The process of making bronze bells hasn’t altered much in 1,000 years at the Pontifical Marinelli Foundry. What’s changing is where they chime, as Italy’s oldest family business looks abroad to avoid the economy at home.
The company in Agnone, a small town about 137 miles south-east of Rome, has increased exports to 20 per cent of its revenue – four times the proportion a decade ago.
With the Italian economy entering a third year of recession, reliance on sales abroad is only going to get greater, said Pasquale Marinelli, who owns the foundry with his brother, Armando.
“In Italy, any decisions about spending, including ones for bells like ours, are on hold until better times,” said Mr Marinelli, 43, whose company’s bells hang in the United Nations building in New York, the Vatican and Leaning Tower of Pisa. “The orders from abroad allow us to work all year round.”
Italy is enduring its longest economic slump since records began after the Second World War. In the past five years, at least 37,000 Italian family companies have closed, according to the CGIA association of small businesses.
“Any Italian manufacturer who wants to survive the crisis needs to sell abroad at least 80 per cent,” said Carlo Alberto Carnevale Maffe, a professor of business strategy at Milan’s Bocconi University.
“Marinelli’s bells have both a functional value and a symbolic one, which makes them peculiar and puts them in that small group of the so-called ‘made in Italy’ quality products poised for success despite the downturn.”
Ravaged by the debt crisis triggered in Greece four years ago, southern European countries are trying to export their way back to some sort of prosperity.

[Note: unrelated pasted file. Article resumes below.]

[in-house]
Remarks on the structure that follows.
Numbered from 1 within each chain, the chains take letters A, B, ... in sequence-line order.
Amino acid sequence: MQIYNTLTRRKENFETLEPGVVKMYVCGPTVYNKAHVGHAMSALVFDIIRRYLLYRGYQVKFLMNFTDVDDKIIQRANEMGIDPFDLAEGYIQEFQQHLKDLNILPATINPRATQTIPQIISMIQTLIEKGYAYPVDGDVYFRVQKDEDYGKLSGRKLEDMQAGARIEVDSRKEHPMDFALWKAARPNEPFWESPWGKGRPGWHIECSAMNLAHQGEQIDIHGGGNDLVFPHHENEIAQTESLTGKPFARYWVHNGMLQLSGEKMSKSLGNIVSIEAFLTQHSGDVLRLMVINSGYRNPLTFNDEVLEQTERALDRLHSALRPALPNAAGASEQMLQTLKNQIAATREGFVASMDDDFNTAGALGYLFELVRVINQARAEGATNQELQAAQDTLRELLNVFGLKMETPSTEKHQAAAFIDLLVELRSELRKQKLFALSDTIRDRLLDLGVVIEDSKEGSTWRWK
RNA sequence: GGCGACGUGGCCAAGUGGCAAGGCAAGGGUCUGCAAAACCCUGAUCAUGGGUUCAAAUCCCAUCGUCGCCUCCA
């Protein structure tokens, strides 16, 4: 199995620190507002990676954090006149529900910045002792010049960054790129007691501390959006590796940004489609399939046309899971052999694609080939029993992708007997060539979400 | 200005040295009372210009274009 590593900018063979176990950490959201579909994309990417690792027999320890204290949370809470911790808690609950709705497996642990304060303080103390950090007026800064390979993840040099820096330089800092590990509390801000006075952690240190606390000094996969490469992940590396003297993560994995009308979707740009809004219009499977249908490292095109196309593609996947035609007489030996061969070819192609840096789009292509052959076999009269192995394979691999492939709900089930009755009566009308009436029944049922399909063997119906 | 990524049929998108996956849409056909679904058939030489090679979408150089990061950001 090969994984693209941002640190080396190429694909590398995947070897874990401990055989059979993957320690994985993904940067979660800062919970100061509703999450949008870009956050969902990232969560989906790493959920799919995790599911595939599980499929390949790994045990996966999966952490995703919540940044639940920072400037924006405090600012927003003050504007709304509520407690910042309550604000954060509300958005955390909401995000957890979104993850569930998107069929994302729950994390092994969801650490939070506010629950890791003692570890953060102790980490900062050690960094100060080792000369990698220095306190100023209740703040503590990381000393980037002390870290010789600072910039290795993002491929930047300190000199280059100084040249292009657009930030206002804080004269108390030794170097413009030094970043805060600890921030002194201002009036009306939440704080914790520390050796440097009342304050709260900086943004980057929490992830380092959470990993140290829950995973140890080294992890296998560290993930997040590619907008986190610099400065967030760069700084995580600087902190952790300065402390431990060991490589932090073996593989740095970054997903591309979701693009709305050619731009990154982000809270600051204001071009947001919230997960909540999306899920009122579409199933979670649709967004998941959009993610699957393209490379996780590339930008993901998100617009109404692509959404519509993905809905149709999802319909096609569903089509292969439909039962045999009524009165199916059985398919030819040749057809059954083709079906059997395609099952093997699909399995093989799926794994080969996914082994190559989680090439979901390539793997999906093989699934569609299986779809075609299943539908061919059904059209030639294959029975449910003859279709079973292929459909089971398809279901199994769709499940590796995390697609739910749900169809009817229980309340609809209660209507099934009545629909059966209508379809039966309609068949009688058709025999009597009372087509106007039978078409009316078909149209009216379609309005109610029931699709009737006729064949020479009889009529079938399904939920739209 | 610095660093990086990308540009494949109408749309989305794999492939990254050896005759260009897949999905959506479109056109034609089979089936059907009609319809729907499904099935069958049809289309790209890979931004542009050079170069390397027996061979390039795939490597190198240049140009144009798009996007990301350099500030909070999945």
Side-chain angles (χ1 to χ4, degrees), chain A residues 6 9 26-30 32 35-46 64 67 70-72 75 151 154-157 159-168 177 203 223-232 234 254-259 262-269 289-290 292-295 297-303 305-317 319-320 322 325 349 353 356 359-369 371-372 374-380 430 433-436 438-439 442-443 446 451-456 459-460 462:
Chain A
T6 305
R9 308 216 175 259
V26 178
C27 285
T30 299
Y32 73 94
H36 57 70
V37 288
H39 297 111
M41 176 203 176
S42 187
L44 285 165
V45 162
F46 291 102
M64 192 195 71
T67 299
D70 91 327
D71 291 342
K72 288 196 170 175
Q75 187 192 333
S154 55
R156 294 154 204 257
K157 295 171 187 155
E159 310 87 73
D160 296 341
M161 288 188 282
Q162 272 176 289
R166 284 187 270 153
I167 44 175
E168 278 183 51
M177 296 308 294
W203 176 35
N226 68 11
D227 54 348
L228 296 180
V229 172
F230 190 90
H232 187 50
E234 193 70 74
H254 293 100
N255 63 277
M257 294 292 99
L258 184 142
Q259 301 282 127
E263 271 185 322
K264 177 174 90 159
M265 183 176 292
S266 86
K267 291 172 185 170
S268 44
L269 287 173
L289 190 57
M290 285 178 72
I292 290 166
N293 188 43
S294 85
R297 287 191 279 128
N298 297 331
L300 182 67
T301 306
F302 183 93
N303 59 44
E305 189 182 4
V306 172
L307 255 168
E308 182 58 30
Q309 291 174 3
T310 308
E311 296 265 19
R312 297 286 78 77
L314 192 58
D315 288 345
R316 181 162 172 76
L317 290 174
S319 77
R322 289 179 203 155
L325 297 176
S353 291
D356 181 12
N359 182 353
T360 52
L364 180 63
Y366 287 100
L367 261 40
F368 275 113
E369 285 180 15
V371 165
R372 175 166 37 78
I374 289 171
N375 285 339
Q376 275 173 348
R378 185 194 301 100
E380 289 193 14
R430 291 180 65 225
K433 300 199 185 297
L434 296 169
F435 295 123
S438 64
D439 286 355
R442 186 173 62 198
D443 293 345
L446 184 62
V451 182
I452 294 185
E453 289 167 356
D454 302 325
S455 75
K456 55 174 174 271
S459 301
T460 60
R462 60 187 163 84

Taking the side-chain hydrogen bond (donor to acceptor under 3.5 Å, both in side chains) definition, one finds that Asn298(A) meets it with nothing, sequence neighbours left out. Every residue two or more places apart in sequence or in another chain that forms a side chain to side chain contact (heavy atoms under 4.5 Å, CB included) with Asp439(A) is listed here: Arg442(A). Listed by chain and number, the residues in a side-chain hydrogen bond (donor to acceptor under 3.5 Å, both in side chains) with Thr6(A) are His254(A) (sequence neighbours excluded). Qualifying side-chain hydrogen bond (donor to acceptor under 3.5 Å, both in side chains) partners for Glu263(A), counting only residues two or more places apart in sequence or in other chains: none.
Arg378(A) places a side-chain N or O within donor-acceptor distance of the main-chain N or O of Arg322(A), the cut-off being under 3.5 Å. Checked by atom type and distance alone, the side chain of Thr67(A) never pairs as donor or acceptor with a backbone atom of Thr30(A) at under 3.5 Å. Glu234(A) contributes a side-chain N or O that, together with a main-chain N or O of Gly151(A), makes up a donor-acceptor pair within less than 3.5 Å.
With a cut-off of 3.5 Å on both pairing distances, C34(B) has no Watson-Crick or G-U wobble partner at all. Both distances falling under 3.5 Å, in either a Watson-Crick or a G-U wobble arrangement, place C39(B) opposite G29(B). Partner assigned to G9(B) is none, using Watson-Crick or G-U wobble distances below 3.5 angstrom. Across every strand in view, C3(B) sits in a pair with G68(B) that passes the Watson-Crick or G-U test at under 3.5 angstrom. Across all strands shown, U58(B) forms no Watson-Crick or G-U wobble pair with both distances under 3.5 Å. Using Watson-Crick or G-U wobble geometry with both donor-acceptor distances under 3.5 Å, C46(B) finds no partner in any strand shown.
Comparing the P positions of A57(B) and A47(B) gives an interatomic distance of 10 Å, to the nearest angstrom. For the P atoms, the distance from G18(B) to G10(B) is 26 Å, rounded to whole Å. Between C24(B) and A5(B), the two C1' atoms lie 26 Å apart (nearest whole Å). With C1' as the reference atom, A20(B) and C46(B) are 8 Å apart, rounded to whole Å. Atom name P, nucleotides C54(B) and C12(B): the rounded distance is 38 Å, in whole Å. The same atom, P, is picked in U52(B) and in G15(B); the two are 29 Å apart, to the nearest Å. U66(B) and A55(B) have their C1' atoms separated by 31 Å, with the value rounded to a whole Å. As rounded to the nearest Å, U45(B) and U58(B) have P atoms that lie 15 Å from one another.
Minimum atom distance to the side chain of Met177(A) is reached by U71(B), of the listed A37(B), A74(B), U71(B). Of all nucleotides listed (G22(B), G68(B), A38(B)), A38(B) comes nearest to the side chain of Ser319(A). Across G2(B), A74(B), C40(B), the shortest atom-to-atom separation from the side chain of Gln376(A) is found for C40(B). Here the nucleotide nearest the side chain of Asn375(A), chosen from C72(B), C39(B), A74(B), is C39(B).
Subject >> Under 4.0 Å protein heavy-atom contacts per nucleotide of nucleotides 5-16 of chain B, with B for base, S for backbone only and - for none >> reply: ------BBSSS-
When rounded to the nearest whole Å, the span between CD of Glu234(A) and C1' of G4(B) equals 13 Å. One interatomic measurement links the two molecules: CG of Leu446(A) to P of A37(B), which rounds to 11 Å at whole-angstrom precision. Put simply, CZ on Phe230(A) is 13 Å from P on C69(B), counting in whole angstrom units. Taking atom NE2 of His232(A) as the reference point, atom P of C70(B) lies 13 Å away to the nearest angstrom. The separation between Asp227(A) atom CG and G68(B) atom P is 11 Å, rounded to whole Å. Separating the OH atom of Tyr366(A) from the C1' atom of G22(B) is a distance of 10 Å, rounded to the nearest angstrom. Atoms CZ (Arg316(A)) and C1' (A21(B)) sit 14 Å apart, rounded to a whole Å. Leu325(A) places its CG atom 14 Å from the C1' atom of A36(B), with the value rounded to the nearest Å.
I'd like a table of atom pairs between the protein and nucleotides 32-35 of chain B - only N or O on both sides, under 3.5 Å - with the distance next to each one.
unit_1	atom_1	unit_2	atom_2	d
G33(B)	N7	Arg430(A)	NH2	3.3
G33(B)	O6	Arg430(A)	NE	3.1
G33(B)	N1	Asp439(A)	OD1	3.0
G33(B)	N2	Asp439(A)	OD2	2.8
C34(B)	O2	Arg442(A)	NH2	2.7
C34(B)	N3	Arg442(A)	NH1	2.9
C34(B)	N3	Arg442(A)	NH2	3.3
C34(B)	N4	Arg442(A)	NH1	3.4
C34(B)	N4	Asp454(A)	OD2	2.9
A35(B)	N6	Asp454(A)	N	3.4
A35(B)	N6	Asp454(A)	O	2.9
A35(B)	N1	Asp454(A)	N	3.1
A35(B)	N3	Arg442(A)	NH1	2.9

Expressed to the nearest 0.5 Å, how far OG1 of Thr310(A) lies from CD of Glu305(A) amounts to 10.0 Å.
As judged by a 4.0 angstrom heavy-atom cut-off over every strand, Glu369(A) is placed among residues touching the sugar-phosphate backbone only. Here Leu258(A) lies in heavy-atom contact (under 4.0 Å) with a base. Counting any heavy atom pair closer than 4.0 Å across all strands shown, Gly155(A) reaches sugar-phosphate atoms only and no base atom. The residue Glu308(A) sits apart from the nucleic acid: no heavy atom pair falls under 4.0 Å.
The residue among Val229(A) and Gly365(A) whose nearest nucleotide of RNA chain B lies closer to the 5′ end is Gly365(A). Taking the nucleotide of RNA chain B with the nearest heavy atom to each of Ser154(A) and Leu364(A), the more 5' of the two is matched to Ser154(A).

As Italy sank into its latest economic decline, Pasquale Marinelli travelled as far as New Delhi and Equatorial Guinea from his town of 5,200 in the mountains of Molise to promote his wares. The foundry’s flagship product is a 00kg bronze bell costing about €3,000 (£2,500) plus installation and delivery costs.
Clients range from heads of state to the Sapporo Sport Centre in Japan, while its traditional focus of selling to Catholic churches has meant a steady flow of business, albeit increasingly from outside Italy.
Almost half the world’s 1.2 billion Catholics live in Latin America and their numbers have increased by more than 50 per cent in the past 30 years, compared with growth of 4.9 per cent in Europe, according to Vatican statistics.
“They say we are like a barometer for faith, meaning that we are able to measure whether the faith is rising or falling,” said Armando Marinelli, 53, Pasquale’s brother. “In Italy at present there is confusion and uncertainty and, let’s be frank, people are reluctant to spend money.”
During the Second World War, the fascist regime ordered the seizure of half of Italy’s church bells to produce cannons. The Marinellis’ grandfather would alert priests ahead of time so that they could bury their bells, hiding them from authorities.
“After the war churches were being rebuilt all over and new ones were springing up,” said Delli Quadri, 75, who was hired in 1954. “Those were good days.”
The Marinellis, who inherited their business from their uncle in 2003, are second on the ranking of the world’s oldest family businesses, behind the Japanese hotel Hoshi Ryokan, which has been run by the same family since 718, according to a list compiled by Philadelphia-based Family Business magazine.
©The Washington Post/Bloomberg
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